I am reading the book The Gentle Art of Domesticity by Jane Brocket. It’s a lovely, photograph filled book written in journal style. It’s pages and pages of one page thoughts on the creative life lived in the home.
In the introduction, the author stresses the difference between domesticity and domestication, something I’ve never consciously distinguished between. She describes domesticity as
the pleasures and joys of the gentle domestic arts of knitting, crochet, baking, stitching, quilting, gardening and homemaking. It is emphatically not about the repetitive, endless rounds of cleaning, washing, ironing, shopping and house maintenance that come with domestication. Domesticity rises above the bossiness of cleaning products and media exhortations to keep our houses pristine and hygienic, and focuses instead on creativity within the domestic space.
That’s not to say, of course, that cleaning and maintenance isn’t a necessary part of home life, but I think this distinction is important for me to keep in mind, as it lends some clarity to my role in our family as well as to my needs as a creative individual. I loathe housework, I really do. Yet, when I am neglecting my chores, I can’t truly enjoy pursuing the “gentle arts”, as Brocket calls them, because I’ve always got this guilt nudging at me. It seems there is always some dull task that should be done. I don’t believe in keeping a pristine and sterile home. Home should be an organic place, full of life and a bit of clutter. But, I think I need to figure out how to better incorporate all aspects of homemaking into daily life. Routine. It sounds easy enough. I mean, I know I can’t do it all and do it perfectly; that’s not what I’m striving for. I just don’t feel content at home right now, and I’m longing for more of a rhythm to life that will perpetuate more order and overall enjoyment. If I can accomplish this, even if imperfectly, before the new baby arrives, I think I will feel very good. It also wouldn’t hurt if we found a house before that time. Sometimes a clean slate is just what one needs to successfully carry out new goals.
But the above isn’t even what I’ve come to write about today. While reading this book, I had an epiphany about myself, a realization about my desires and values.
I have long been conscious of the way women who choose to stay home to take care of their families are often marginalized by our society. Homemakers and homemaking are undervalued. Worth and outside approval come from the superficial status of one’s career and other accomplishments out in the world. Despite the often negative attitudes toward women in the home, I have never doubted the value of a wife and mother at home. But even though I know I am doing the right thing, I sometimes encounter feelings of inadequacy, and I think it is due to my self conscious nature and feeling the need to prove myself.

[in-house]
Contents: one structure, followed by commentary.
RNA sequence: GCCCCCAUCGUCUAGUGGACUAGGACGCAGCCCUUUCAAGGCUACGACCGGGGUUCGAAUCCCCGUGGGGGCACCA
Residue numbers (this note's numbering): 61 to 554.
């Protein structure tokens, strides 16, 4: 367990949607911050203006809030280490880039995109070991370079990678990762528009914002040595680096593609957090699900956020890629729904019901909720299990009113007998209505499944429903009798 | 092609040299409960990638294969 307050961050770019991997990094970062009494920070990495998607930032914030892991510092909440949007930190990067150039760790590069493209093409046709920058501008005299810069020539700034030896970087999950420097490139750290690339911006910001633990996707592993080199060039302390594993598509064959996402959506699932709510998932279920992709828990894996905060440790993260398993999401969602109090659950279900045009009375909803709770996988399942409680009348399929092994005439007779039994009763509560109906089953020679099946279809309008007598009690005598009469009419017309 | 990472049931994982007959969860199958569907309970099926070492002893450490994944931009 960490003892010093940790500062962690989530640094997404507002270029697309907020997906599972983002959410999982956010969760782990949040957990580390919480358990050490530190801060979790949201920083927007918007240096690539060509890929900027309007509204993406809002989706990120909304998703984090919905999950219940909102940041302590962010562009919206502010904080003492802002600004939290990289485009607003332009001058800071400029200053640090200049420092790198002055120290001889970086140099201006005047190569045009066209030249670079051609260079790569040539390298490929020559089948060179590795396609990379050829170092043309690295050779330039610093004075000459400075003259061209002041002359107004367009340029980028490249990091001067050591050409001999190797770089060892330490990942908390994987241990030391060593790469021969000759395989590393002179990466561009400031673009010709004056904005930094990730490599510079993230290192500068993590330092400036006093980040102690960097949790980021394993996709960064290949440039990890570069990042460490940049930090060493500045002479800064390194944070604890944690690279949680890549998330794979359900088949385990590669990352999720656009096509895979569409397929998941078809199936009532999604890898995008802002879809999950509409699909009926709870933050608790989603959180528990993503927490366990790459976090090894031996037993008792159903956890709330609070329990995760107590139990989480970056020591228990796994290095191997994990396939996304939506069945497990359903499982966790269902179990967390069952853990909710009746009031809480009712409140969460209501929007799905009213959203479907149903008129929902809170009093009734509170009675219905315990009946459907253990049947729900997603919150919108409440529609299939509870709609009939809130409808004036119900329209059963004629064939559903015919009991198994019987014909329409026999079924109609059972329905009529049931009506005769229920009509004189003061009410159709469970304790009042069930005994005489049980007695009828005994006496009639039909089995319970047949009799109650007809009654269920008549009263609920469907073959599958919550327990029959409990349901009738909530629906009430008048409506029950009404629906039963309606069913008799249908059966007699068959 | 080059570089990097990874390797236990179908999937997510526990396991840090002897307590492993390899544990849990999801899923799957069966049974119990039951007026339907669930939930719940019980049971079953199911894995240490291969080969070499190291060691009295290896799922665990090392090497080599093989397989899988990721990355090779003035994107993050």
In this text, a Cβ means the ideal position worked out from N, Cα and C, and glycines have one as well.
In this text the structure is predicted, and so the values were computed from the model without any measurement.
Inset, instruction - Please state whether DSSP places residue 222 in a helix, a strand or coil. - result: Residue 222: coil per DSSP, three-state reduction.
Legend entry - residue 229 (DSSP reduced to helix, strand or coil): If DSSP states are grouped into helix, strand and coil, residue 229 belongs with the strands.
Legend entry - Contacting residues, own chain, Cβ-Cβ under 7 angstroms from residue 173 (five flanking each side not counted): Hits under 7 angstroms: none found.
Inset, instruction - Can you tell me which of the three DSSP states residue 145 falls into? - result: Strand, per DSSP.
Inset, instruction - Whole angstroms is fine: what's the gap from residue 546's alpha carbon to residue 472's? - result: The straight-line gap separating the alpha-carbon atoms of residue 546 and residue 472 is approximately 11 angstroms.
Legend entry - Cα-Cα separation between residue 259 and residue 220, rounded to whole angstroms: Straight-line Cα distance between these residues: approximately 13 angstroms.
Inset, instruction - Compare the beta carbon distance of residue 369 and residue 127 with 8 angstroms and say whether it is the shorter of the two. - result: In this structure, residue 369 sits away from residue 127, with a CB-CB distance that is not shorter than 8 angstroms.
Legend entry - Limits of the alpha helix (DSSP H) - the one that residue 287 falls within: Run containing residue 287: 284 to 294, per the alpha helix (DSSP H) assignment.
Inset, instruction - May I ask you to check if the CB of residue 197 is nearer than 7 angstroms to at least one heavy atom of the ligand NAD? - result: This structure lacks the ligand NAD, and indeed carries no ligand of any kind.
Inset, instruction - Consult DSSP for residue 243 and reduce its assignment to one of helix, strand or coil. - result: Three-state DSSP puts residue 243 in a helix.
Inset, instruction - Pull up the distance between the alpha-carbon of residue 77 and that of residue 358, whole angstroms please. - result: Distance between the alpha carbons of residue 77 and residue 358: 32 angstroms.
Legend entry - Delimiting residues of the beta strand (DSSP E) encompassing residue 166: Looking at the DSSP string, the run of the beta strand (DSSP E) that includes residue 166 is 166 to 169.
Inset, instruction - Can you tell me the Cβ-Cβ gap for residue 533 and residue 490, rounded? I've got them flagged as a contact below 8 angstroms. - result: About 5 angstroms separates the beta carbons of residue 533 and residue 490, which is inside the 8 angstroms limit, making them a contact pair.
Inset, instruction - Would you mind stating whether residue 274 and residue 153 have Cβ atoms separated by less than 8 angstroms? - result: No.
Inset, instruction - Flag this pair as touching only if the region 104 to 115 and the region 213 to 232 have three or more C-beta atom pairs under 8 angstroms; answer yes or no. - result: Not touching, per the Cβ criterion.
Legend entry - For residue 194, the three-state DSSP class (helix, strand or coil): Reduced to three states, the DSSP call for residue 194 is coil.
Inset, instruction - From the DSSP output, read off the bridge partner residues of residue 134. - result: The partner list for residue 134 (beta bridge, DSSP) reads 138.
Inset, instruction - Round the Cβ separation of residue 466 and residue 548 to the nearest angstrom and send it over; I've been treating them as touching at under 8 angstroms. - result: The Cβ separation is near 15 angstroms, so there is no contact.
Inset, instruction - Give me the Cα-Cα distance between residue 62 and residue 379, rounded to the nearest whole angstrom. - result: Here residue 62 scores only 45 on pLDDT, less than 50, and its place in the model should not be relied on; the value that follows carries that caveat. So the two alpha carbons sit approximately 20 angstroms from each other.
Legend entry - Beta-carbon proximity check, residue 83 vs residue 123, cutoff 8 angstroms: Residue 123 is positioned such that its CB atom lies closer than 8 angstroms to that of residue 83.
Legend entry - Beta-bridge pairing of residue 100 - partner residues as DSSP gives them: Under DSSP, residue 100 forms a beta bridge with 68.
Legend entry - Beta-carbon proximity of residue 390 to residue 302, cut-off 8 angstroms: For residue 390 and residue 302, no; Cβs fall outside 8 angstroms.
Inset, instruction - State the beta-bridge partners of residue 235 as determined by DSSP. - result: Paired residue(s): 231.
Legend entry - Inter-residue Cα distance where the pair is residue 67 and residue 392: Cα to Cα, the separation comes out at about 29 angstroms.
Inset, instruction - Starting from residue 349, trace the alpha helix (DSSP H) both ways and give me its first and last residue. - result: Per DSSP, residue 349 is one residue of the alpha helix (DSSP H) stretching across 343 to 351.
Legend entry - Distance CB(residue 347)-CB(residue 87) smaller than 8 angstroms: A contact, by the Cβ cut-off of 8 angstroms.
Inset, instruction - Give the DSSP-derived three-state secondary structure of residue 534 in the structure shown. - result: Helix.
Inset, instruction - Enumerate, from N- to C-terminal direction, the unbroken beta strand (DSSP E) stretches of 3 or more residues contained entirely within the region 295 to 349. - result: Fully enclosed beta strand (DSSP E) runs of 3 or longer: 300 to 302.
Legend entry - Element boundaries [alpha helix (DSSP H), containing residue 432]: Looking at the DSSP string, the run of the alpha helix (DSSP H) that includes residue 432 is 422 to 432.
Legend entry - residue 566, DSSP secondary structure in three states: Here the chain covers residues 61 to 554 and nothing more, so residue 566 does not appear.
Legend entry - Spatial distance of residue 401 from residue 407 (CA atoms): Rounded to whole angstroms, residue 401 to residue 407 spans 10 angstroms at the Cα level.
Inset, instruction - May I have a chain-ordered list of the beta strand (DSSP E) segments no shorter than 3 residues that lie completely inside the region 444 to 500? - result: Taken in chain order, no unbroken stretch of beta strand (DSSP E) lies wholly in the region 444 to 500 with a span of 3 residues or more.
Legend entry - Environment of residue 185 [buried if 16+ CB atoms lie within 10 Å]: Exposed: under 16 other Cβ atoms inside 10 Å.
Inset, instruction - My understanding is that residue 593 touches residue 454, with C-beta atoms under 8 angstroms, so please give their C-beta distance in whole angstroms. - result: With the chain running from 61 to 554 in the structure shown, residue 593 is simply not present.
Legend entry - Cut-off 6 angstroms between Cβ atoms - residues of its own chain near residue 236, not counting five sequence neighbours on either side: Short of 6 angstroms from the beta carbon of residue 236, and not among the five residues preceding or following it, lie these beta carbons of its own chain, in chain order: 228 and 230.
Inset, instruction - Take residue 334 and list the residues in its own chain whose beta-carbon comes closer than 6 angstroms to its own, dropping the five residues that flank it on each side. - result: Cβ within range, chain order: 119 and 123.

It has been interesting over the last year as I’ve connected with old high school and college friends via Facebook. Some of my female friends are following their long held artistic dreams and are very successful, which urges me to play the what-if game, even though I truly know there is no place I’d rather be than right where I’m at. Perhaps part of the problem is I feel that I’ve squandered my gifts by not pursuing them as ardently as I could have. I have little doubt that if I would have devoted myself more thoroughly to my music studies in college and dug down to find the necessary drive for success, I could have done it. I guess the problem is, as much as I love to sing, I didn’t have the ambition, and I never figured out how to drown my pesky self consciousness, the worries over being judged on such a personal level. Music is vulnerability, and too much sensitivity to that is a hindrance. So, I guess I’ve always felt a bit of disappointment with myself in this regard.
But suddenly I realize the problem is not that I lack ambition and that I’ve failed to become what I should be, it’s simply that I have not channeled my ambition correctly because I am not pursuing a career. I have not recognized the necessity of ambition as a homemaker. I have not allowed myself to fully embrace what I truly love and have instead held onto past ideas about myself that conflict with who I really am and what I really want.